Using Assessment to Guide Instructional Planning for Distance Learners

This paper suggests that certain types of assessment can create a foundation for effective lesson planning at a distance.

Leslie I. Petty
Author(s) Organizational Affiliation
Project IDEAL
Publication Year
Resource Type
Informational Material
Number of Pages

Assessment is a key component of all educational programs; used properly it can yield valuable information for teachers, students and administrators. Assessment can be used for various purposes, including placing students into appropriate classes, gauging student progress, and measuring overall educational gains for accountability purposes. This working paper examines how the second of these – assessment to gauge student progress – can be used in distance education programs for adult basic learners with a particular focus on using assessment to guide instructional planning. Because distance learning is so different from classroom learning, it is important to look at both the roles of assessment and the implications of that assessment as it pertains to distance learners. This paper suggests that certain types of assessment can create a foundation for effective lesson planning at a distance. It also suggests that the logistics of distance may require innovative thinking about ways to conduct assessment of student progress.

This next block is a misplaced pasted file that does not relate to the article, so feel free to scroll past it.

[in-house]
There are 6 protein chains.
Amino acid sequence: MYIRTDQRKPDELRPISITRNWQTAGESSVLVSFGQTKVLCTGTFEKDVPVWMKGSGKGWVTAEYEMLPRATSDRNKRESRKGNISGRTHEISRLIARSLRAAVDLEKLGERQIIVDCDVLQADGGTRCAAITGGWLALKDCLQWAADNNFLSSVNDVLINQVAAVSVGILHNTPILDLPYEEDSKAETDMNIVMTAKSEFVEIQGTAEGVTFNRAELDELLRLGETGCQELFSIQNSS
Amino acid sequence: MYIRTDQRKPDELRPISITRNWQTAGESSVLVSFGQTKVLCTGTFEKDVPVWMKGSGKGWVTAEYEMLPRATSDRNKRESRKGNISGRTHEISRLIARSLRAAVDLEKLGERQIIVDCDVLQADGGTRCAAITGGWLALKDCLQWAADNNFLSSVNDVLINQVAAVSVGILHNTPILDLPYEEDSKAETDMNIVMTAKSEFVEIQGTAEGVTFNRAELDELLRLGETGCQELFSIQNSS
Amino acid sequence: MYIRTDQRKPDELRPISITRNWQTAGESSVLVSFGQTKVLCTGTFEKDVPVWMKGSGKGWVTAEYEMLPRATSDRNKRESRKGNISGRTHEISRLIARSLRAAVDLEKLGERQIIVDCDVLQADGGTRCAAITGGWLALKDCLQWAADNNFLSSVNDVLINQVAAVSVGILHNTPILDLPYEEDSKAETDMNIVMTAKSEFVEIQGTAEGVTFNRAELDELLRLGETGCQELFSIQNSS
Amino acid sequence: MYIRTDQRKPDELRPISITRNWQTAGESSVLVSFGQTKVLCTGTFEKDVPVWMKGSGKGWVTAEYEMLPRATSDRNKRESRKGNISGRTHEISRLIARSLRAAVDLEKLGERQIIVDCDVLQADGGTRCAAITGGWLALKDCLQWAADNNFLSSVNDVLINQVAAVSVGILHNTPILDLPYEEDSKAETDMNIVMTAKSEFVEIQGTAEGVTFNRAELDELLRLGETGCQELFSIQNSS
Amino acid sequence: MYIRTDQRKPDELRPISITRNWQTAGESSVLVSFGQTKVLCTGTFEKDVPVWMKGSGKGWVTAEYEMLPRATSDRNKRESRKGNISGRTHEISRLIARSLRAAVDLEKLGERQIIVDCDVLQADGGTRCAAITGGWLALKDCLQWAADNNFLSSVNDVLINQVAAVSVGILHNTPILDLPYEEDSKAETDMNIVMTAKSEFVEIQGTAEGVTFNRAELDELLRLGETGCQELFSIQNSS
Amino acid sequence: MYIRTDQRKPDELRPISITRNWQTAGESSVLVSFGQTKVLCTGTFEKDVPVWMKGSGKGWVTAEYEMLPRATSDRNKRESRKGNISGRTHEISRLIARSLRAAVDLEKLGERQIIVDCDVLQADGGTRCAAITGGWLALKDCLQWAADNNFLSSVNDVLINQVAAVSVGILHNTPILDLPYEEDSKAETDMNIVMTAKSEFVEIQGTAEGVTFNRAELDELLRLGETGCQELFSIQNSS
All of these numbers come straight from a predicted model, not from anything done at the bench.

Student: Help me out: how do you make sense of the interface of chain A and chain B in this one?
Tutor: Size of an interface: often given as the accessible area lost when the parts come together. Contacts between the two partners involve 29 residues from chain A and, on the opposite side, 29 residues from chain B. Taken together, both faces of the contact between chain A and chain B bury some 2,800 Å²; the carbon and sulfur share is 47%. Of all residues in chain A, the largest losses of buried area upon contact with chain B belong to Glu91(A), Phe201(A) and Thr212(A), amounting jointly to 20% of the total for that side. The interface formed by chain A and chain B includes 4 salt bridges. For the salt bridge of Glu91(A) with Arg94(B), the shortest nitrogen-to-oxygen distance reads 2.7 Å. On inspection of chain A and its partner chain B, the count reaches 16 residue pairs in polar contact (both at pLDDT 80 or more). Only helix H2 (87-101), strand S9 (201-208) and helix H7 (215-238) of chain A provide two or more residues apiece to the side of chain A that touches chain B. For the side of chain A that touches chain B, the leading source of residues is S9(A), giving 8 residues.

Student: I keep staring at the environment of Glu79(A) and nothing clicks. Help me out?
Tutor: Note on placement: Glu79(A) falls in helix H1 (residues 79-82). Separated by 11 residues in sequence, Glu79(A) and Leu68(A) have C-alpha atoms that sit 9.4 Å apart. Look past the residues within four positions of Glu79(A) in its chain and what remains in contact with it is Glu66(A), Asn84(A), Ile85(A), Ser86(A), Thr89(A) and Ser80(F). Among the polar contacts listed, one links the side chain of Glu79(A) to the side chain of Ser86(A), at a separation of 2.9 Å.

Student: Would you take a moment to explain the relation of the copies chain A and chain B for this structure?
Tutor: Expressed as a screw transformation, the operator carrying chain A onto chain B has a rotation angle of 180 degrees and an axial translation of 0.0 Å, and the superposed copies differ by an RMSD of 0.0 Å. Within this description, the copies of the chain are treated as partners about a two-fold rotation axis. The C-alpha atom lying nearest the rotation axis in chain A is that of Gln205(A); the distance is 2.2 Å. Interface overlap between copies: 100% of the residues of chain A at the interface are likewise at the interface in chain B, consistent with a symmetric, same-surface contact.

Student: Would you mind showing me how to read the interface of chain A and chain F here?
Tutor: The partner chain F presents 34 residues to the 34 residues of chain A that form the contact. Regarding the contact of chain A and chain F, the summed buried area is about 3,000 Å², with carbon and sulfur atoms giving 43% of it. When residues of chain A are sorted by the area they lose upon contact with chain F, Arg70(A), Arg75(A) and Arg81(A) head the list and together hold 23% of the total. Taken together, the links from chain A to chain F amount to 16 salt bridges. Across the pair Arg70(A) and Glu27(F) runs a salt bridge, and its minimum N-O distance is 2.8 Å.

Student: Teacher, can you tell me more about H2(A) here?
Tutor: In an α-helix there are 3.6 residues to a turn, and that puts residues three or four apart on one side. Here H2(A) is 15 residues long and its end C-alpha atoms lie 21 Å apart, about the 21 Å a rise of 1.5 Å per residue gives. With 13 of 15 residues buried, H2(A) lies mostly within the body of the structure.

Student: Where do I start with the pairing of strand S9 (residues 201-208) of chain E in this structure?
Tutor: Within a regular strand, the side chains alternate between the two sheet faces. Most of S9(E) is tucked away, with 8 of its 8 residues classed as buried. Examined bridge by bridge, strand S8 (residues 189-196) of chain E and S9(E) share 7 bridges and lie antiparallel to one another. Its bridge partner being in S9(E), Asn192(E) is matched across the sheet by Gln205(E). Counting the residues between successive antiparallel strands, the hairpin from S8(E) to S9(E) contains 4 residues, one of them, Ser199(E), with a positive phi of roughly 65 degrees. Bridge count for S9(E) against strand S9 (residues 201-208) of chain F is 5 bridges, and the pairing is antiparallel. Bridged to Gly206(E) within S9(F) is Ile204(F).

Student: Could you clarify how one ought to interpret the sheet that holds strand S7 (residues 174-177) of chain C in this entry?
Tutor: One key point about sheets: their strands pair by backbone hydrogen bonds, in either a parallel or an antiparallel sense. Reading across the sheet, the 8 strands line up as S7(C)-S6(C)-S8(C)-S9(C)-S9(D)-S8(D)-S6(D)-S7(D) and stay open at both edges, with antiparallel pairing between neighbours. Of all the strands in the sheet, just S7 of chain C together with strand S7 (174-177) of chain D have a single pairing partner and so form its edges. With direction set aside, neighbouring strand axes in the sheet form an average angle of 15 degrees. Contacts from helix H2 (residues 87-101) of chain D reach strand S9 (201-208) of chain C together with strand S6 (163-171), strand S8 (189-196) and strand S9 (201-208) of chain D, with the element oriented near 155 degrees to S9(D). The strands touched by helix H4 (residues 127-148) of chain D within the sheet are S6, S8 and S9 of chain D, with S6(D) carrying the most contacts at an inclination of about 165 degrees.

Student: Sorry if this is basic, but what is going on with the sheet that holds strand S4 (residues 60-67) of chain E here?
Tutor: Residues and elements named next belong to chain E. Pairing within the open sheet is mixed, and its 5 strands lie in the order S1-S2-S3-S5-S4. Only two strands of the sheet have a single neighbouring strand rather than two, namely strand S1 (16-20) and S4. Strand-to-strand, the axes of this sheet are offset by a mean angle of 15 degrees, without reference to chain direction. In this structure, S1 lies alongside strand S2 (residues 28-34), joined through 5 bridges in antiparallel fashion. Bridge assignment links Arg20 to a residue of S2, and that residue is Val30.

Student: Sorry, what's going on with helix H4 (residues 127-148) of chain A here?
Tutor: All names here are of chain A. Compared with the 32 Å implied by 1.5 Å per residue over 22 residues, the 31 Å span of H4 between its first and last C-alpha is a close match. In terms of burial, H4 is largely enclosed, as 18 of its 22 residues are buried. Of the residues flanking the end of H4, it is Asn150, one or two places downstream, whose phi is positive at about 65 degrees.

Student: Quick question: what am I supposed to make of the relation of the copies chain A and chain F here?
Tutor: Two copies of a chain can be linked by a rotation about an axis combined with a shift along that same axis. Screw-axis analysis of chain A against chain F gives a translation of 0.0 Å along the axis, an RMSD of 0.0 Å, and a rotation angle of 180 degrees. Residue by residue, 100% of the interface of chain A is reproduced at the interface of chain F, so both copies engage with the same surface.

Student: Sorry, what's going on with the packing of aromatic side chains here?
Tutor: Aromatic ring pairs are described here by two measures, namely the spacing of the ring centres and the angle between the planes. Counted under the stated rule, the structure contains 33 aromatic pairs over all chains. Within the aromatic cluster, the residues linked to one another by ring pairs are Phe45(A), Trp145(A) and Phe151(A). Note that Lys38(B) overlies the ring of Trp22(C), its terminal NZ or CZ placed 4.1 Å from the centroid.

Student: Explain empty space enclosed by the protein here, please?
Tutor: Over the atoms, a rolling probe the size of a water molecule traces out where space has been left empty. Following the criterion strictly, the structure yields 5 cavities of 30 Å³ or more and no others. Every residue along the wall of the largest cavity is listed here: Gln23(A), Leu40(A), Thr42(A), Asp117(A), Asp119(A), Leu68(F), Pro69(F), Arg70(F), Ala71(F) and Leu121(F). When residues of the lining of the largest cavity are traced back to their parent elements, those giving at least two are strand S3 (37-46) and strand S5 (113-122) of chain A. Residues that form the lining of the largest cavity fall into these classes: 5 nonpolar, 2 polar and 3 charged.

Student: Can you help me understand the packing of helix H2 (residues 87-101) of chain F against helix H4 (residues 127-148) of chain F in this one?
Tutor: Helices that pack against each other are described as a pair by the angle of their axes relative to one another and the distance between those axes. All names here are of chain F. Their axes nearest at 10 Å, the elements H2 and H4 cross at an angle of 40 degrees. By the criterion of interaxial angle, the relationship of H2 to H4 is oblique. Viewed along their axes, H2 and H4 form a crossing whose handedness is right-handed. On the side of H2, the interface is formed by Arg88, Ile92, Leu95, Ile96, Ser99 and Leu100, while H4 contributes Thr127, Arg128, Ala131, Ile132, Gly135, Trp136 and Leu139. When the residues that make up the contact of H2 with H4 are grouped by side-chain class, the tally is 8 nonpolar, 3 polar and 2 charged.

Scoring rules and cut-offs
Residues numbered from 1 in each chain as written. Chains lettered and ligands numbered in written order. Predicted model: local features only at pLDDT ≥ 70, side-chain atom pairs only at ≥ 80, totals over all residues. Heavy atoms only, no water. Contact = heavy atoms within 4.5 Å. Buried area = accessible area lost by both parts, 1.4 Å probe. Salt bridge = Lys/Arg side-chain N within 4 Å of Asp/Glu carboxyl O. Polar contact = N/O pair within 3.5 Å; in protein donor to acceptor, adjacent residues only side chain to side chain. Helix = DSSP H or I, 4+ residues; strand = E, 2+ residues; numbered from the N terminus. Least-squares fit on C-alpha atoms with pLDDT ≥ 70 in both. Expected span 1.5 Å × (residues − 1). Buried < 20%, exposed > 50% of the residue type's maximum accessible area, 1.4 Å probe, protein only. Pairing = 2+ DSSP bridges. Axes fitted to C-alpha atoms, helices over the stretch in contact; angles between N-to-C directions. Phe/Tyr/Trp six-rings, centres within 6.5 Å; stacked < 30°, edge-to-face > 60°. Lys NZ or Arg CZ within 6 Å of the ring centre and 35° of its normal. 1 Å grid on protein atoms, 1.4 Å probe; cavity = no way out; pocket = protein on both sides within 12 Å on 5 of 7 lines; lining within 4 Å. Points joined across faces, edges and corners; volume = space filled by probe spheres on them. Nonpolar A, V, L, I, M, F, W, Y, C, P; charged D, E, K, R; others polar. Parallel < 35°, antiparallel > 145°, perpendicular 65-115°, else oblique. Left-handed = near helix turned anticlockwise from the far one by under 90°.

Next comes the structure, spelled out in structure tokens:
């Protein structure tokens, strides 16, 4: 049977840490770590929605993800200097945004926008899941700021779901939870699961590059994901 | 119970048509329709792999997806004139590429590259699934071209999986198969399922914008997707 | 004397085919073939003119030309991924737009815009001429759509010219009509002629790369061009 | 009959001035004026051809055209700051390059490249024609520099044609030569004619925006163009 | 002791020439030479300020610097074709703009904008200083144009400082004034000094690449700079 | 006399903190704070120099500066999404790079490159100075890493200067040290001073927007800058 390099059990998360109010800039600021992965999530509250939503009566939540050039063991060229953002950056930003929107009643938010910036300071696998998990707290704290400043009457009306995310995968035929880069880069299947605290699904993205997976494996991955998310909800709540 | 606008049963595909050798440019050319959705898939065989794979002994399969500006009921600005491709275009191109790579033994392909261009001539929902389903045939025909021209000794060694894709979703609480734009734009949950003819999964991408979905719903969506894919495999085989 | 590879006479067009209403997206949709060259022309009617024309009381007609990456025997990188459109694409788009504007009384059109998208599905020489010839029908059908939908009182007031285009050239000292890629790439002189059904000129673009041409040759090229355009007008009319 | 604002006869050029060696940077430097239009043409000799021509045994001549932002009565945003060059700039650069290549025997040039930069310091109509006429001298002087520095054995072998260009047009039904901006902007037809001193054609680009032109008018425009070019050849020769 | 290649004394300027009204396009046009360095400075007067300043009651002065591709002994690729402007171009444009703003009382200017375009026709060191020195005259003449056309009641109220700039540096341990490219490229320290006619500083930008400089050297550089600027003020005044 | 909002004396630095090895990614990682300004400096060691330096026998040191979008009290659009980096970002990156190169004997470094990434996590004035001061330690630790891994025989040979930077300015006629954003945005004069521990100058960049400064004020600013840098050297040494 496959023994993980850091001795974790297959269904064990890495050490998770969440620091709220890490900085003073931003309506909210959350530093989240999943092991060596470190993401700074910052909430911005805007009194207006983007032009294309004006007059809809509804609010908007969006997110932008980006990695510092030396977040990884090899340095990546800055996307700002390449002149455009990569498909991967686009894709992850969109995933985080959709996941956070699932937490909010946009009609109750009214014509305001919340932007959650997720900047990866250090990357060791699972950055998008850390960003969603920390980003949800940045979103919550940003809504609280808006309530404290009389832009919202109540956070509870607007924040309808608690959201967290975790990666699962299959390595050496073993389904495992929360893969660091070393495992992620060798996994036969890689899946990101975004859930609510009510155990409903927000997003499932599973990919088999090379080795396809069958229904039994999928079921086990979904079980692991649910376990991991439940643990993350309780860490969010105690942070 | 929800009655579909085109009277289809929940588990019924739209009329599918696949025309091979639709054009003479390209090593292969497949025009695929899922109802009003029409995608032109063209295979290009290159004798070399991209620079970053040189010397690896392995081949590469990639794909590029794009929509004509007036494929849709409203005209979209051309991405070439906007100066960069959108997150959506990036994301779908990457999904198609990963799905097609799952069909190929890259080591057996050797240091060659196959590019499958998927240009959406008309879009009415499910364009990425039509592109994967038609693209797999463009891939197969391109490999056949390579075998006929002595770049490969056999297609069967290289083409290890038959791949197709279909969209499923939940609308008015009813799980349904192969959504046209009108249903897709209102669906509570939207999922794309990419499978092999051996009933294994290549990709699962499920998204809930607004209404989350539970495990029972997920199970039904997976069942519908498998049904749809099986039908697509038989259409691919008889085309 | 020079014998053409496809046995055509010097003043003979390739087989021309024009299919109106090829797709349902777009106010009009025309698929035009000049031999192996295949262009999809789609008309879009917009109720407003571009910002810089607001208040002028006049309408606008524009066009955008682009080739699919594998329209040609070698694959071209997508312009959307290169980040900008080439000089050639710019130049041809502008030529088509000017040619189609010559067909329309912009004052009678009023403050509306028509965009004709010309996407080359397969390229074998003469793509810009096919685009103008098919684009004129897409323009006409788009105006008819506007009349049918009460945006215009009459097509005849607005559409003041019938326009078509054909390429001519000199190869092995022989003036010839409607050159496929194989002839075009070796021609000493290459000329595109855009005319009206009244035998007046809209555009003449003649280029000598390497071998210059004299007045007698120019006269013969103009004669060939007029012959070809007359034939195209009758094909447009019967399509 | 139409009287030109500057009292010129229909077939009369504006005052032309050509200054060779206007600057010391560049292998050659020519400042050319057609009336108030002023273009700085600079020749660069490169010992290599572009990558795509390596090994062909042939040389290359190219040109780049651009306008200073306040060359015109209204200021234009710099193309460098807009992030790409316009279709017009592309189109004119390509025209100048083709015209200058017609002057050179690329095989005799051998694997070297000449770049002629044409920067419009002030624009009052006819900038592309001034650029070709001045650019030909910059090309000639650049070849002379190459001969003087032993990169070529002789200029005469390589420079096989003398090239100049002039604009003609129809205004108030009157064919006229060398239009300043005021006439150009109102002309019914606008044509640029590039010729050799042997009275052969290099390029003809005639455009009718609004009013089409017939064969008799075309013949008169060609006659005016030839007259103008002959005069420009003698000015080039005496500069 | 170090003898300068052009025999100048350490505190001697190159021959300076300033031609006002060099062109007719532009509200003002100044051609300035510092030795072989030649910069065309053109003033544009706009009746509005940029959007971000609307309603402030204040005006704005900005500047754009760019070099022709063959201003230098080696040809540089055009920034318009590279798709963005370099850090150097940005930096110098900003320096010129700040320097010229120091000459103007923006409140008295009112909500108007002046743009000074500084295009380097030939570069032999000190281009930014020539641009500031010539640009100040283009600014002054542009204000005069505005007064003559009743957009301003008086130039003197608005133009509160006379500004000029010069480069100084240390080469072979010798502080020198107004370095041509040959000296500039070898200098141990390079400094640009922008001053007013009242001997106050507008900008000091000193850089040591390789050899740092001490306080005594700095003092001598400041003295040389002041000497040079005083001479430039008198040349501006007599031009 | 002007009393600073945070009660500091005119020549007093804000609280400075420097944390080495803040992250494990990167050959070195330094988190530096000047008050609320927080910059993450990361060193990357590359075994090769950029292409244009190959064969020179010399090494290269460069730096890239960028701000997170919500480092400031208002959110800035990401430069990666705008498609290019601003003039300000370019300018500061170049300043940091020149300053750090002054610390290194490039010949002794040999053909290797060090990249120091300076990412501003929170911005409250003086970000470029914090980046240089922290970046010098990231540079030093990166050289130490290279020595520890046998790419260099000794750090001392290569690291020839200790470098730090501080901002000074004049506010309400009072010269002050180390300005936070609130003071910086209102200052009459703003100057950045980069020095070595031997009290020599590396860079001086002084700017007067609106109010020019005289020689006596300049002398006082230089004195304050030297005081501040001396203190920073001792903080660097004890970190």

Required Training

The resource is a description of practice and can be used as a training guide.

What the experts say

Based on the title, readers might anticipate they will find valuable “tried and true” assessment strategies for distance learning in these pages.  However, the paper was developed in 2004, with distance learning still struggling to find its way in the use of assessment.  Indeed, the examples highlighted grew out of the field’s need to research this very issue.*  As stated in the closing, the three approaches discussed were “presented to suggest options and stimulate thinking about other possible approaches to assessing distance students for ongoing progress,” and that it does.

So while it does not give the results of proven strategies, it certainly does offer strategies for using alternative assessment to inform instructional planning; and it is effective to stimulate thinking and to show some of the behind-the-scenes considerations to transform traditional classroom assessments into appropriate tools for distance education.  It convincingly shows transferability (from classroom to distance education) and offers promise with three specific alternative assessments:

  • Checklists
  • Portfolios
  • Online quizzes

*Assessment and Accountability Issues in Distance Education for Adult Learners, Young, Shannon J., Johnston, Jerome, and Hapgood, Susanna E., Institute for Social Research – University of Michigan, First Edition, September 2002

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